On August 21, 2013, Abel Corral Limas, 60, former judge of the 404th Judicial District Court of Cameron County, Texas, was sentenced to 72 months in federal prison on racketeering charges he pleaded guilty to on March 31, 2011. Limas was also ordered to pay $6,777,270.50 in restitution, forfeit another $257,300 as proceeds from a criminal enterprise and serve three years of supervised release after he is released.
In investigating Limas, the FBI placed wiretaps on his phones. They intercepted around 40,000 calls over 14 months starting in November 2007, and discovered a widespread web of corruption among the legal community in Brownsville.
Limas practiced family and criminal law in Brownsville in the late 1980s and 1990s before he became a district judge in 2000. He served for eight years and retired in 2008, becoming "of counsel" to the Austin law firm of Rosenthal & Watson.
According to the FBI, the "of counsel" status and payment to him of $185,000 by the law firm were two of many bribes Limas received during his tenure as district judge. Attorney Marc Garrett Rosenthal offered the bribes to Limas in return for favorable pretrial rulings in a lawsuit over a helicopter that crashed on South Padre Island in February 2008. After the rulings, the case was settled for around $14 million.
When faced with overwhelming evidence of his guilt in 2010, Limas begin to cooperate in expanding the investigation. This lead the FBI to discover that Cameron County District Attorney Armando Villalobos had allegedly accepted a $80,000 bribe from attorney Eduardo "Eddie" Lucio to allow a convicted murderer who was a millionaire 60 days in which to turn himself in—effectively allowing him to escape. The corruption investigation has also resulted in guilty pleas by former state representative Jose Santiago "Jim" Solis, attorney Jose "Joe" Valle, former Cameron County District Attorney's Office investigator Jamie Munivez, Jose Manuel "Meme" Longoria, Armando Pena and Karina Pena. Villalobos, Rosenthal and attorney Ray Roman Marchan were convicted of corruption-related charges in separate jury trials.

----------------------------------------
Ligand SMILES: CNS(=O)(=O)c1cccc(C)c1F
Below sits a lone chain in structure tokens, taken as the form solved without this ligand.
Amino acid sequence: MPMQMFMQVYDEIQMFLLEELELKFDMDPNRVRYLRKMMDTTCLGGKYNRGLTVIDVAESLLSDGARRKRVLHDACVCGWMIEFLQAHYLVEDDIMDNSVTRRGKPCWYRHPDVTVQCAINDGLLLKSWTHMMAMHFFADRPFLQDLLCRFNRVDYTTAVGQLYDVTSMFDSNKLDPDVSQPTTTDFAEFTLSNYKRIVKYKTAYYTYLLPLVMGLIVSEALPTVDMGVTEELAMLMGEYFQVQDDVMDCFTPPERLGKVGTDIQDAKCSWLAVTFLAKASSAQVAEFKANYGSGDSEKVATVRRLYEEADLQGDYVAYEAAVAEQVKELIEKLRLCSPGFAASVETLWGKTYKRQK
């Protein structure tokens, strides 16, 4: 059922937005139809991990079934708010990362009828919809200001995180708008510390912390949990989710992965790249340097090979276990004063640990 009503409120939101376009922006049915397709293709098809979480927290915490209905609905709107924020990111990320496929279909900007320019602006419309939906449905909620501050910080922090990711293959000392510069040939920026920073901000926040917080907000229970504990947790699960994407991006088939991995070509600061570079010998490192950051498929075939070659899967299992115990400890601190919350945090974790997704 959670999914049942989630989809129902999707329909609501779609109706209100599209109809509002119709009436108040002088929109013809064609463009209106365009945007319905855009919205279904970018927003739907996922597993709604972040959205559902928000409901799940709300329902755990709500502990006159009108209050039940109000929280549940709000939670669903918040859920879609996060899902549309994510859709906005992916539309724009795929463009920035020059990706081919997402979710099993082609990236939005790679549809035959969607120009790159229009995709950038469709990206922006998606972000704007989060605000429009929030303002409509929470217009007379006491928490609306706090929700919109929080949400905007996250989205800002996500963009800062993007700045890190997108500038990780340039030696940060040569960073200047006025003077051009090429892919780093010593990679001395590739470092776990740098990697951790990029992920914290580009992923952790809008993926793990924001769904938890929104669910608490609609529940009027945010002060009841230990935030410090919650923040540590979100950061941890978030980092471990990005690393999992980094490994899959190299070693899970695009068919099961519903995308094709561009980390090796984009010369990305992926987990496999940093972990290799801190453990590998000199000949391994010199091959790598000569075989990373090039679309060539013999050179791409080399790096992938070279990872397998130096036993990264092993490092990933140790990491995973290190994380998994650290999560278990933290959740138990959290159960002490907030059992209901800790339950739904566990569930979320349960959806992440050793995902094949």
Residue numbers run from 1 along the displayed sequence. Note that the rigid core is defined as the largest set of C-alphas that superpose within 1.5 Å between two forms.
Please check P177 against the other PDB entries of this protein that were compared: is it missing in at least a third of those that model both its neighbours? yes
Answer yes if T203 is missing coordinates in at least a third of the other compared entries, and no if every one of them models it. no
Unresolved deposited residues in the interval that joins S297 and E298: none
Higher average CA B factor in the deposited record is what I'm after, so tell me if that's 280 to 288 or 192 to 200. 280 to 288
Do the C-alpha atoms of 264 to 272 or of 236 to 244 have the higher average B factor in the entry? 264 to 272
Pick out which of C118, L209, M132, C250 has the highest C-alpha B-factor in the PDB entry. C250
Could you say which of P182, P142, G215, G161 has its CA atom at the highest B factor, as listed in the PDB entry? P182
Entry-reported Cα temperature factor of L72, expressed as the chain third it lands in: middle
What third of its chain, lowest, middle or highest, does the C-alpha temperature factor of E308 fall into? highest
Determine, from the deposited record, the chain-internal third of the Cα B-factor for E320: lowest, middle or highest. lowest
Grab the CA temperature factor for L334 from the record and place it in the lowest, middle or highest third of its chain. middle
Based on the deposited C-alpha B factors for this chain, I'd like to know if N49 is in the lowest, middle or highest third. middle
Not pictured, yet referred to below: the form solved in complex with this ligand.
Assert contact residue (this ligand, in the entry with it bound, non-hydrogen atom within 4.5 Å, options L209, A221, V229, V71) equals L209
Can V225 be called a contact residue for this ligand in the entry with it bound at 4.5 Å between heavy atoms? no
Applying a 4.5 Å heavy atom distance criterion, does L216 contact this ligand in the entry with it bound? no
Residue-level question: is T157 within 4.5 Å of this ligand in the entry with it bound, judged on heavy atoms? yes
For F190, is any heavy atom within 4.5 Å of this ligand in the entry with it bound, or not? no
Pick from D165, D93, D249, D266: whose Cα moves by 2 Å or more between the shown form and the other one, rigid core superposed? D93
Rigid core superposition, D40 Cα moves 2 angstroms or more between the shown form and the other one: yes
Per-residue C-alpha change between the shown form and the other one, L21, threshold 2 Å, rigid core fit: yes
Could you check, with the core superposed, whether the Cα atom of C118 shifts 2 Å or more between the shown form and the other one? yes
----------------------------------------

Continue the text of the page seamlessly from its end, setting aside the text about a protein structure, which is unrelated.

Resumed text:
"The depth of the corruption was shocking," said investigation team member FBI special agent Mark Gripka. "What was more shocking was how cheaply Judge Limas sold his courtroom—$300 here, $500 there—in return for a favorable ruling."
Although Limas made close to $100,000 as a district judge that apparently couldn't support his lavish lifestyle, which included frequent gambling trips to Las Vegas. The total amount of bribes the FBI knows he received exceeds $250,000.
"Down here, I think the perception has always been that the lawyers are crooked, the judges are crooked and they're kind of watching each other's back, you know greasing the skids for each other," said Moises Salas, president of the Cameron County Bar Association. "And this comes out and I think for the general public, I hear people saying, 'Well, that just confirms what we always believed.'"
Sources: www.fbi.gov, correctionsone.com
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